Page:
The Christmas/New Year period inevitably means three things. One, people blog less. Two, the sales start. Three, people start predicting trends.
So I'm going to kick-start this blog again after its holiday slump with a longish post talking about the end-of-year sales and the new-year trends; and in particular about a trend that seems to have a slightly lower profile than I think it deserves.
Believe it or not, the trend is that TV is becoming more important. And it's only really worth talking about it because so many of us have got sidetracked by computers and mobile over the last few years.
Ever since Black Friday (in the US), this year's winter sales story has been about the growth in online retail. This year online spending rose 15% to $36.4bn over the holiday season in the US, well above the overall projected spending rise (3.3%); and the top online retailers saw 42% more traffic than last year. The growth areas for online sales were computer hardware (23%), books and magazines (22%), consumer electronics (21%) and software (20%).
TV feels like the forgotten screen in the consumer electronics category. Read through JWT's excellent 100 Things to Watch for 2011 and you'll notice how much of it is about computing, and particularly mobile computing. There is one mention of TV, in a discussion on video calling. With TV barely featuring in such a comprehensive collection of forecasts, you won't be surprised to know that it's also absent in lots of smaller, more off-the-cuff predictions that do the rounds at this time of year.
Which is odd, as this is set to be a very good year for the big glowing box in the living room. It looks like 2010 saw 17% year-on-year growth in TV sales worldwide. Most of the growth is being driven by emerging markets, especially China, and by new technology going mainstream fast in mature markets. Shipments of LCD TVs grew 31% in 2010, but that adoption curve is already flattening, with 13% growth forecast for 2011.
The new thing for the new year will be internet TV, projected to account for a fifth of new TV shipments. Since this has the word 'internet' in it, there's predictably been lots of chatter about it, what with Google TV, Apple TV and what looks like a contender from Microsoft about to be shown off at CES in a couple of days' time.
Globally, though, the growth will be fuelled by the newly affordable, not just the new. There's a huge emerging market for TV, behind the US/UK technology curve but with a lot of collective spending power. In South Africa, for example, TV ownership by household rose from 53.8% to 65.6% between 2001 and 2007, and is catching up with radio ownership (76.6% in 2007). Of the 3.2 million South African subscribers to the DSTV pay-TV service, over 10% were added in the six months to September 2010, when DSTV introduced its lower-cost Compact package to attract new customers. There are lots of countries where TV has a lot more growth potential than in SA (I just don't have that data - sorry).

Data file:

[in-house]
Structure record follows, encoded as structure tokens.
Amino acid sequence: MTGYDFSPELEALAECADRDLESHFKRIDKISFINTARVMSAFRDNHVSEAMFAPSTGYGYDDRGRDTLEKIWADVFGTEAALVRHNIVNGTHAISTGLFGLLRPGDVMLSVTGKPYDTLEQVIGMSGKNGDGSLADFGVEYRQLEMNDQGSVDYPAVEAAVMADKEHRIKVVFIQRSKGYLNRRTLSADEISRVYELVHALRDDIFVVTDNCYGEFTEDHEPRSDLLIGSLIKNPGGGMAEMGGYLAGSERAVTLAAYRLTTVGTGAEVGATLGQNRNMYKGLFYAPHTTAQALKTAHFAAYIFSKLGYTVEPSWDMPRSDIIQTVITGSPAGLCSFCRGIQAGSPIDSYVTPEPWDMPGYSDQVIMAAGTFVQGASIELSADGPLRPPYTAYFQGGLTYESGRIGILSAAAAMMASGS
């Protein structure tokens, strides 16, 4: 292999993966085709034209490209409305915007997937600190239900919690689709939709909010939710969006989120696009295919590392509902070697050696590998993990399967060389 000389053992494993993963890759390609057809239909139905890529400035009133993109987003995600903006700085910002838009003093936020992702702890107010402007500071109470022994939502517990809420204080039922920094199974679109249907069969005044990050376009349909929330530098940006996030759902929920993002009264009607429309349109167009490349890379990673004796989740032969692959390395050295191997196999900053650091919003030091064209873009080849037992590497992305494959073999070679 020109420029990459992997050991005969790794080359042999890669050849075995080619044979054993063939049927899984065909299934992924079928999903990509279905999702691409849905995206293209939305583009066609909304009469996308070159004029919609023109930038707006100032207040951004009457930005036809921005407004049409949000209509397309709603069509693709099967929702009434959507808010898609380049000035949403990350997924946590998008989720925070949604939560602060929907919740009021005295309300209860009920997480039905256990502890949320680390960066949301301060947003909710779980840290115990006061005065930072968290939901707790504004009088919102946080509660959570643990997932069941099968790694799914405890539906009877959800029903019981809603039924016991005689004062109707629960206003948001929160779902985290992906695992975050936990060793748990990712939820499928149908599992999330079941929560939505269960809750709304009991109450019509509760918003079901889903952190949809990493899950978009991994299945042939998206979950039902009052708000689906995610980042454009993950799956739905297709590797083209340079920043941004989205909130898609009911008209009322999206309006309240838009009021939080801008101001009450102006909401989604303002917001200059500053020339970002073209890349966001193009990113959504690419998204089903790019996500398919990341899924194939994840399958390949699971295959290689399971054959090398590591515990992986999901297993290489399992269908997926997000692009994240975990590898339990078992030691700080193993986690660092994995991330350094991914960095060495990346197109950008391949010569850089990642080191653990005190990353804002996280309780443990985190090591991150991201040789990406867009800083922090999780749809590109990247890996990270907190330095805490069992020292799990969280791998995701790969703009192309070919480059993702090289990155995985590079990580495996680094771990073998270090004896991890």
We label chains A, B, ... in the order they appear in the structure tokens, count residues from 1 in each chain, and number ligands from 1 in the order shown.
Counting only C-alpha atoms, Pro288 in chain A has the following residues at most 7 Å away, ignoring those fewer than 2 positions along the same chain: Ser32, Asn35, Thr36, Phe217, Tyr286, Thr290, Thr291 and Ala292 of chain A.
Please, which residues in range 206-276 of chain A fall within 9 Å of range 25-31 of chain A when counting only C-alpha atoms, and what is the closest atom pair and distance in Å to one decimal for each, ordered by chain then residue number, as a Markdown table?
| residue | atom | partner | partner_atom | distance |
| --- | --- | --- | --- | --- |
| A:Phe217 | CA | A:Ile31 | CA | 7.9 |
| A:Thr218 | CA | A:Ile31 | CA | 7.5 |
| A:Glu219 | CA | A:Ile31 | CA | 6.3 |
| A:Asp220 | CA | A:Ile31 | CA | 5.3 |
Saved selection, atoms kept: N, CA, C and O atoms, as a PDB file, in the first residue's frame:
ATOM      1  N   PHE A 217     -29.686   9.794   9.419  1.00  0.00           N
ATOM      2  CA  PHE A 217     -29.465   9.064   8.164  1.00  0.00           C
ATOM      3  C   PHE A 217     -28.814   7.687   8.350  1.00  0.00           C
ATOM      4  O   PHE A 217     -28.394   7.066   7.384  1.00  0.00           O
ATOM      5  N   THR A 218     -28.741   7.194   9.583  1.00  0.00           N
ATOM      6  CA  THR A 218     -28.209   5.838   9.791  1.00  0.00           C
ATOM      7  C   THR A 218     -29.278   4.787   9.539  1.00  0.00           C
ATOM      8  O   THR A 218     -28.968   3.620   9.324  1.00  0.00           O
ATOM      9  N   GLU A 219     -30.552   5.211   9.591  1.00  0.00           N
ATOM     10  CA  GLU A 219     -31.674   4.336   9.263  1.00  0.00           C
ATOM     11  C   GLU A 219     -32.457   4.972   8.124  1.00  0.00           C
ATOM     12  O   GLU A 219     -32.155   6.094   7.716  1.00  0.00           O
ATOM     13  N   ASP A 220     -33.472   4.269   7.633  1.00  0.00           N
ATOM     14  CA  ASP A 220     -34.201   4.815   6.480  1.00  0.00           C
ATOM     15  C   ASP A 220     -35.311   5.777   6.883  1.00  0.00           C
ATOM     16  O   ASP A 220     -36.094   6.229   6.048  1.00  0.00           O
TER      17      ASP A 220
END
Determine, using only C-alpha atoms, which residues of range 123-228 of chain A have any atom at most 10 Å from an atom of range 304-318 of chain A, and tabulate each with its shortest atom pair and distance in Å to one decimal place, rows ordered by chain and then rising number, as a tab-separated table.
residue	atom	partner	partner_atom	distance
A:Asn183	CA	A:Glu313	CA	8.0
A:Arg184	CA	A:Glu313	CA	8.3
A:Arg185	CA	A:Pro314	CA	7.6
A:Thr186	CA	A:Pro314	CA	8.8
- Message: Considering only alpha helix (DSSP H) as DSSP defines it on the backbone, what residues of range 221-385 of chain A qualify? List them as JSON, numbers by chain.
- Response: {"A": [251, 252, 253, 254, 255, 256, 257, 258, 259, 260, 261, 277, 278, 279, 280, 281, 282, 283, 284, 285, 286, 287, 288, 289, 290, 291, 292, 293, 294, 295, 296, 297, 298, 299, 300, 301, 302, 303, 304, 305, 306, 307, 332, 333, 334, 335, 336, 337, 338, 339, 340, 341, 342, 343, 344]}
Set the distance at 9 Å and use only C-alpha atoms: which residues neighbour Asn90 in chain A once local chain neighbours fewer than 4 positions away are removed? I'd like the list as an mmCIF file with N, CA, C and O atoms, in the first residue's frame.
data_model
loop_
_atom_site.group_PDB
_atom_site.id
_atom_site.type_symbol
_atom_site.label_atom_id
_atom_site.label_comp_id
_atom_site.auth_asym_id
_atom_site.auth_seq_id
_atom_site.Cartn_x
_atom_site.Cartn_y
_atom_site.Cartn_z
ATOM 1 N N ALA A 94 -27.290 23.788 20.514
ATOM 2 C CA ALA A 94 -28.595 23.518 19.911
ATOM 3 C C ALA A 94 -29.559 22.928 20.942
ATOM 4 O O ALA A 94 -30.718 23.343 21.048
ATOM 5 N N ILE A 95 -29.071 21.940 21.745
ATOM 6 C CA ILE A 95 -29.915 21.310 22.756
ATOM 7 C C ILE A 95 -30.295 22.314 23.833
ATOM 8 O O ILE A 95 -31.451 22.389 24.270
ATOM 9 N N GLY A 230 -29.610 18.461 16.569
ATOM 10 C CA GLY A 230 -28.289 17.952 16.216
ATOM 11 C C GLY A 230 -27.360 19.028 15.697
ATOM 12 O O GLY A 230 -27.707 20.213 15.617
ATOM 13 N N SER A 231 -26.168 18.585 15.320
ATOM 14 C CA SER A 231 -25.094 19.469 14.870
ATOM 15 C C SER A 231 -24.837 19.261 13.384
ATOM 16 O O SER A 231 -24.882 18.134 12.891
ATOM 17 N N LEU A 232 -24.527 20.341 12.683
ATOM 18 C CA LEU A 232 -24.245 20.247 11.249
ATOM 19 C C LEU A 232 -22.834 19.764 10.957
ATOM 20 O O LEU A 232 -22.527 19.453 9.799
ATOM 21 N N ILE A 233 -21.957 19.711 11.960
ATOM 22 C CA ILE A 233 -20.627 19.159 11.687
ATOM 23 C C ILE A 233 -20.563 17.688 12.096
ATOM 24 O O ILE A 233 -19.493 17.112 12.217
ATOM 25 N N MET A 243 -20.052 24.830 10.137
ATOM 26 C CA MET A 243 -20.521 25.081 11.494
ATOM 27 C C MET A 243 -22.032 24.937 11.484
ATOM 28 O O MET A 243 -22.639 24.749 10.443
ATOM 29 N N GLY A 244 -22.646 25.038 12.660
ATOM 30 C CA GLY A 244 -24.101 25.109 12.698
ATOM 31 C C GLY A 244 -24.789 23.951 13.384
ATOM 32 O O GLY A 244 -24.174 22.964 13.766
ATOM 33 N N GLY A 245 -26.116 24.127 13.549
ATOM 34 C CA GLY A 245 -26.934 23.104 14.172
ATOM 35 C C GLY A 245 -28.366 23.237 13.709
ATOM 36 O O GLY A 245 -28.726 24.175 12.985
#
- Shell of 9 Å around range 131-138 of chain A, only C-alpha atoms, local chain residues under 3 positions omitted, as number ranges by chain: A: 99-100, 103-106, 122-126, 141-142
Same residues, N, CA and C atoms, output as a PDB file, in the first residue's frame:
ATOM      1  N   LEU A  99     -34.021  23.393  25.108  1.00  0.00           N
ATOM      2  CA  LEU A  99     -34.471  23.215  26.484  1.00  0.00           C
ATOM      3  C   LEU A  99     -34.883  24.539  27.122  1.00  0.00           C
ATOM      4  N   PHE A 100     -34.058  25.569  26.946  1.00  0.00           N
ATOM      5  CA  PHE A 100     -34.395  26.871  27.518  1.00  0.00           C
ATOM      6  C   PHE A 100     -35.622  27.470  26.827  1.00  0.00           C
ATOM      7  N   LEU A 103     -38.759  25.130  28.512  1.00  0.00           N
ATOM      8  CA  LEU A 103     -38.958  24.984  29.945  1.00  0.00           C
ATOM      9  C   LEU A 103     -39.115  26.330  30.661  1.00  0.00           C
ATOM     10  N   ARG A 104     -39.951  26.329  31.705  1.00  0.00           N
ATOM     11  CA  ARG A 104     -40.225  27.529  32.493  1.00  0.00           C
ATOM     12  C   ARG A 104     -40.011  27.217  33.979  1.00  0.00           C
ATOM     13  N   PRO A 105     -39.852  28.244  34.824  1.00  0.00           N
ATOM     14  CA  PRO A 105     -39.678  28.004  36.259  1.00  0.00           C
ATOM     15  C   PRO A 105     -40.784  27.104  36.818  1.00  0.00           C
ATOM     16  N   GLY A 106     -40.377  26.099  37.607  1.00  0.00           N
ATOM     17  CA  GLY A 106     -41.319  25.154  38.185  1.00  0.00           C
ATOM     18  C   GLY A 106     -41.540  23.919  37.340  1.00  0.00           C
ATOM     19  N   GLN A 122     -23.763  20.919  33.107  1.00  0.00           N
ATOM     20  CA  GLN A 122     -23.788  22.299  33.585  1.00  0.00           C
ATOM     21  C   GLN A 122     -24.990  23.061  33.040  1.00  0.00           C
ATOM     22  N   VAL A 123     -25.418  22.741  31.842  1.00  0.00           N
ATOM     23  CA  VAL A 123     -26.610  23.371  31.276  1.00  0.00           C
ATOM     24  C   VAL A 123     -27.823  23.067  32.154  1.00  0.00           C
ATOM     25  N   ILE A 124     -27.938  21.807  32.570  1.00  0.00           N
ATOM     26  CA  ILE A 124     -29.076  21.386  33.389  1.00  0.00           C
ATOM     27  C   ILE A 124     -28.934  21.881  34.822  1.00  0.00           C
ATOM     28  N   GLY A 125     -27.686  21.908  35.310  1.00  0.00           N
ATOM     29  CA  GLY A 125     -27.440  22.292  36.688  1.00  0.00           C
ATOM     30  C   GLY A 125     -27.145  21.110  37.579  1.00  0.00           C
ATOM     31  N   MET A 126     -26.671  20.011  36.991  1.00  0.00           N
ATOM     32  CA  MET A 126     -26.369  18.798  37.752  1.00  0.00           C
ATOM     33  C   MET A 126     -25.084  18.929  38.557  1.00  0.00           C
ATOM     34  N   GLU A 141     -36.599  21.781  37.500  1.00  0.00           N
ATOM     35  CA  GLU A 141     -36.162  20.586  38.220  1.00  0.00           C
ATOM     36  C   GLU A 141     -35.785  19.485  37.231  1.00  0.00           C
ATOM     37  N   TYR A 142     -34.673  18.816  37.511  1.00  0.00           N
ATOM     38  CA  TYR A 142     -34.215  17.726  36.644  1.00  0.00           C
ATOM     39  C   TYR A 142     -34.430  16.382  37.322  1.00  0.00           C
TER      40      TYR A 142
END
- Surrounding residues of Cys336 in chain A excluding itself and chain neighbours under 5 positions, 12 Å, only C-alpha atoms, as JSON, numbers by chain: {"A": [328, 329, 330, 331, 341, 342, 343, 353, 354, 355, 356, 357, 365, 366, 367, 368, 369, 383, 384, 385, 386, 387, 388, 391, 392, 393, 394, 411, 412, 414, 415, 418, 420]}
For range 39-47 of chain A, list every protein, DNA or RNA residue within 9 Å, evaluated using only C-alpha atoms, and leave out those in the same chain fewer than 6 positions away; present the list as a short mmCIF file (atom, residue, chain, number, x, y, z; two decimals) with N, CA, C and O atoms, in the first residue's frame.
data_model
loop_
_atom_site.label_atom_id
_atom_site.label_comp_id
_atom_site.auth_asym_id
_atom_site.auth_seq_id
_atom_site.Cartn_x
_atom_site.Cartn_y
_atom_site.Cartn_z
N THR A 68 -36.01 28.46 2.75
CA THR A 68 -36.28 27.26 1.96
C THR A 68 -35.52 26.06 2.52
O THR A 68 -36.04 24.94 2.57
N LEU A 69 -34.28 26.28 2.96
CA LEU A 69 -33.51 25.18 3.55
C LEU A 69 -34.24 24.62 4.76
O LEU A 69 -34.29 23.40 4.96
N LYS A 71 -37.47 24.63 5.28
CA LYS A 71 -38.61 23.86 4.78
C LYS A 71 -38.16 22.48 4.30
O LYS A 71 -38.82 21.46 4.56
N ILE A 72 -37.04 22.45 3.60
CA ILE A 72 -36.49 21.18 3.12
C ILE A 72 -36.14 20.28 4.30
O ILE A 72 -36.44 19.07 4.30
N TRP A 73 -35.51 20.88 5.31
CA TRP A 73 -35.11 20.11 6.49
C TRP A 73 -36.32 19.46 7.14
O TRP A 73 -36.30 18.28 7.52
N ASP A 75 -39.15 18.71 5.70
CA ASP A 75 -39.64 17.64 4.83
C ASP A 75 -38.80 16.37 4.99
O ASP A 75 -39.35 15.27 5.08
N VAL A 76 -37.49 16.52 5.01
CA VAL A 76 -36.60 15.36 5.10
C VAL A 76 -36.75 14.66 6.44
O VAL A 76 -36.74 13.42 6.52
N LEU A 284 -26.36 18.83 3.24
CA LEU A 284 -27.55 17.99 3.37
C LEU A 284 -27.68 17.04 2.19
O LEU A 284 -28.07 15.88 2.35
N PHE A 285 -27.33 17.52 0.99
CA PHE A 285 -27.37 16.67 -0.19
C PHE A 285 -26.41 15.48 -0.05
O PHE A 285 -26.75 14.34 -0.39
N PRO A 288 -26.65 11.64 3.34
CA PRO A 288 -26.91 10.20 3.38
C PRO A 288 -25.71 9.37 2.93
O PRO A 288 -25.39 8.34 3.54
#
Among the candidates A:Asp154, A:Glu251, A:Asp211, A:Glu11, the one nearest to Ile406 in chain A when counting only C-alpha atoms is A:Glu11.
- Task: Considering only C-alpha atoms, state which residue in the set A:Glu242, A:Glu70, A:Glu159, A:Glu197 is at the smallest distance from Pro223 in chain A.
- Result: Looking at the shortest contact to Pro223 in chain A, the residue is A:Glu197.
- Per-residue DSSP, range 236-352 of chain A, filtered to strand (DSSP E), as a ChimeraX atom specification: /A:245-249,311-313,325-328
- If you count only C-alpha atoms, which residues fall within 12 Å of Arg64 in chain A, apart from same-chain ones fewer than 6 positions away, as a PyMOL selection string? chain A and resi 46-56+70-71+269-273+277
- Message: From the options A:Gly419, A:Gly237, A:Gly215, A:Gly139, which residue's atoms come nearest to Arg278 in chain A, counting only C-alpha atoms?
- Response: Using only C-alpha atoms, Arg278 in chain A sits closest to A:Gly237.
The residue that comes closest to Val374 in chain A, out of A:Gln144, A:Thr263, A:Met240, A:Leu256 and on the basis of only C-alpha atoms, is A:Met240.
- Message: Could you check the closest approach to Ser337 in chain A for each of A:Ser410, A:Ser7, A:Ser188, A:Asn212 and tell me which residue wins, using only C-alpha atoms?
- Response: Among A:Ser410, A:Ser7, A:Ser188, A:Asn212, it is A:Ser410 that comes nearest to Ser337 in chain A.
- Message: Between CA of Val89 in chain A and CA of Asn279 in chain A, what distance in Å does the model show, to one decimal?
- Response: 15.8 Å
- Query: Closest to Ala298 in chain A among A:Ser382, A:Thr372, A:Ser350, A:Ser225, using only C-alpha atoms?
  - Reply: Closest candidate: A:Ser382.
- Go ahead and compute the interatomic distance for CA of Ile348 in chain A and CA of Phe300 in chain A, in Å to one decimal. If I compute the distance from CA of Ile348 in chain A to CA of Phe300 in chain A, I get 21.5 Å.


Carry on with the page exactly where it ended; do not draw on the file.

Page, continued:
So TV is about to become very big in lots of new markets. In well established markets, TV is already big, but it's quietly becoming more important.
A couple of years ago, TV got a brief flurry of attention as part of that whole raft of stories about recession-proof consumer behaviour. Apparently, in late 2008 and early 2009, we were all spending more time at home to save money, so we were buying big new TVs in anticipation of spending less time going out and more time on the sofa.
That TV story came and went along with allotments, lipstick sales, hemlines, and other barometers of recessionistadom. That's a pity, as I think it masked something bigger. We're starting to pay a lot more attention to TV, and to demand more of it.
3D TV remains a gimmick, and sales have been disappointing. This is usually blamed (as in the link) on the lack of worthwhile 3D content, but my hunch is that 3D TV basically misjudges how we watch TV. Unless we're fanatical, most of the time we give TV continuous partial attention. It's one of the reasons we don't mind ad breaks on TV but hate them on streaming video, and why we'd walk out of the cinema if they interrupted the screening to show commercials. 3D TV assumes we give TV our full attention, so are happy to wear big plastic glasses while watching. We don't, so we aren't. We get up, walk round, chat to each other, make tea, play on our phones, and so on.
But 3D TV gets it slightly right even as it gets it wrong. It assumes we now want to give TV sets our full attention. We don't, but we are giving them more than we used to. We don't just want them to be good enough, on in the background unobtrusively, like radios with pictures.
I think TVs are turning into appointment-to-view technology, serving those occasions when we want to sit down and be entertained by one thing for an extended period. Hence the success of HD; of hard-disk recorders; of games consoles like the Wii, Kinect and XBox 360 whose natural home is the living room not the bedroom. 3D glasses are just a step too far in the right direction.
It's lasted too long to be a recessionary fluke. Perhaps it's because we have more, more portable devices (smartphones, tablets, laptops) that fulfil our continuous-partial-attention entertainment needs. We now expect TV to fill the niche that computers and mobile devices don't: something to entertain us, quite immersively, for specific periods of time, when we choose.
This obviously has implications for advertising, beyond the much-discussed impacts of recording and the new potential of internet TV to target ads. If we demand more of TV, we may be less forgiving of interruptive, uninteresting advertising. (Or maybe that's just wishful thinking.)
With the exception of 3D, which I reckon will soon be relegated to gaming and cinema (fully immersive screen entertainment), I'd bet that this will be a good year for the humble telly, and everything that plugs into it.
# Alex Steer (04/01/2011)